With Democrats in complete control of Congress and the White House, the odds of true cannabis reform, like full federal legalization, have never been higher. For years, cannabis has provided a strong track record of job creation, tax revenues, and restorative justice in communities disproportionately affected by War on drugs. It was also extremely popular with the American people, where over 91% of adults support the legalization of cannabis for medical or adult recreational purposes.
And yet, despite all of this, there has hardly been any momentum at the federal level to legalize cannabis – until now, that is.
He reaffirmed the first during a town hall earlier this year, where he said “no one should go to jail for using drugs,” especially when it comes to addressing racial disparities in drug use. He is not the only one.
Lawmakers push for cannabis reform
In the lower house of Congress, the President of the United States House Judiciary Jerry Nadler recently reintroduced a social justice approach cannabis legalization bill, known as the MORE Take action.
Senate Majority Leader Chuck Schumer has expressed support for great cannabis reform, including decriminalizing possession, clearing criminal records and reinvesting in communities hardest hit by the failed war on drugs.
He worked closely withDemocrat Sens. Cory Booker and Ron Wyden to introduce a more comprehensive cannabis reform bill which would end the prohibition of cannabis and promote social justice, similar to the MORE law.
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“I am a great fighter for racial justice, and the marijuana laws have been one of the biggest examples of racial injustice, and so changing them makes sense,”Schumer said.“And that fits into the whole movement now to bring equality to the police, to the economy and everything in between. Our bill is, in a sense, at the intersection of racial justice, individual liberty and state rights.
When you look at the numbers and who are affected by this failed drug war, it’s hard not to discuss why cannabis should be legalized.
According to The Last Prisoner Project, anon-profit organization dedicated to cannabis-related criminal justice reform:
- 15.7 million people have been arrested for cannabis-related offenses over the past decade.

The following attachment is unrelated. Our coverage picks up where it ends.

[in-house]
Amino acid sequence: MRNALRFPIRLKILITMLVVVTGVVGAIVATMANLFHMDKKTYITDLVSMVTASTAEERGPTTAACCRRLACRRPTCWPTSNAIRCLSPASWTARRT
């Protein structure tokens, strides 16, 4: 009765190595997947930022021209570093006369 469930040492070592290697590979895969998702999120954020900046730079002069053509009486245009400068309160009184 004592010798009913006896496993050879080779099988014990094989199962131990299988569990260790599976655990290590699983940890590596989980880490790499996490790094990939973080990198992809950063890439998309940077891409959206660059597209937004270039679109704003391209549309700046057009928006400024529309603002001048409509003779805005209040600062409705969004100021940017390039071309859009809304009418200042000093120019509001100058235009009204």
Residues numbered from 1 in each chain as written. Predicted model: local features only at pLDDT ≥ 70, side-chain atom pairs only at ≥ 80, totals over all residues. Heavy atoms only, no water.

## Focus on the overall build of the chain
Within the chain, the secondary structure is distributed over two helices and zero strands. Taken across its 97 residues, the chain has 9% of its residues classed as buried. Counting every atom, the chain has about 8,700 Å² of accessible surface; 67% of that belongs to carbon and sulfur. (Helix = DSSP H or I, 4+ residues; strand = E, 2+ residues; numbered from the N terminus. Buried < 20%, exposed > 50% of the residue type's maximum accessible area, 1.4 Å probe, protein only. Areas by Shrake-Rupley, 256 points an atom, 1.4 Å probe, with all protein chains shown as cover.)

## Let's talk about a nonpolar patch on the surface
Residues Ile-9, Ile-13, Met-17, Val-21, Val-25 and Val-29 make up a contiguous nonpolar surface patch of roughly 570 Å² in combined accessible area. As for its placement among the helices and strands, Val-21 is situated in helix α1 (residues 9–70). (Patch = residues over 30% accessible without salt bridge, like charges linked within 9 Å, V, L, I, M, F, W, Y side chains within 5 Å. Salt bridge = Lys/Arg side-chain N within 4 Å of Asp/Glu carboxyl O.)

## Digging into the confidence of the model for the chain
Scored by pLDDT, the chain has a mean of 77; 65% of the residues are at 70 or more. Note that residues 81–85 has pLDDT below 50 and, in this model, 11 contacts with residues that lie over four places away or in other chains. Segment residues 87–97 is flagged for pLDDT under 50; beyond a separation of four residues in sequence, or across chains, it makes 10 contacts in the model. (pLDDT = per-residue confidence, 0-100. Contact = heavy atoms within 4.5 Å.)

- $ 47 billion is spent annually on the war on drugs.
- $ 10.4 billion was generated in legal cannabis sales in 2018 in the United States
New Jersey police, for example, have filed more than 6,000 charges for minor possession of cannabis in the three months since nearly 3 million voters approved cannabis legalization on November 3, 2020. That’s true – after voters legalized it and despite the fact that legislators and Governor Phil Murphy, a Democrat, worked hard to create and implement a framework for a legal industry.
The state spends on average $ 143 million per year to enforce cannabis prohibition, and this is not only a misuse of resources, but also exacerbates the negative impacts that this “war” has already caused.
Not only do we falsely imprison tens of thousands of people a year – who are convicted of activity that is no longer a crime – but we also spend billions of dollars trying to uphold an archaic movement that has affected disproportionately communities of color, and no longer represents the views of the overwhelming majority majority of Americans.
Justice for the victims of the war on drugs
I have worked in the legal cannabis industry for over a decade and my business, KushCo Holdings, will benefit from legalization. However, despite the financial rewards that may exist, our greatest goal is justice for those affected by this failed war on drugs, which has primarily deprived people of color of their rights.
For pure racial and social justice, cannabis should be legalized federally – and soon. Republicans had a crucial chance to get it right under the Trump administration, but chose not to promote justice, despite Republican Congressmen David Joyce and Don Young presenting a bill that would legalize cannabis at the federal level in a way similar to alcohol. While this effort was viewed by some cannabis policy experts as an encouraging step forward, it is sorely lacking in any meaningful social justice provision.
Brittany Barnett:Free those incarcerated under draconian marijuana laws
That leaves it up to President Biden and the new Democrat-controlled Congress to clean up decades of bad politics and grave injustice.
But legalizing cannabis isn’t just about ending injustice.
Given the devastating economic damage COVID-19 has caused – and continues to cause – state and federal budgets have been decimated, unemployment remains high, and our economy needs a massive catalyst to accelerate the road to recovery. Even stubborn opponents of cannabis cannot deny the industry’s profoundly positive impact on the U.S. economy, having employed 321,000 Americans in 2021, and generate over $ 3 billion in tax revenue in 2020 alone.
States and localities are clearlyprofiting on all social and economic fronts, and it’s time to move forward with cannabis.
Overall, there has never been a more critical time to legalize cannabis at the federal level, as we recover from a damaging pandemic, while proactively addressing some of the social unrest that has afflicted our country in recent months. The numbers speak for themselves, but more importantly, it’s the right thing to do. Fortunately, more and more politicians are finally starting to realize and accept what virtually everyone in the United States has known for years: Legalizing cannabis can positively support our economy, our communities, and our people.
Nick Kovacevich is Co-Founder, Chairman and CEO of KushCo Holdings Inc. Follow him on Twitter: @nickkovacevich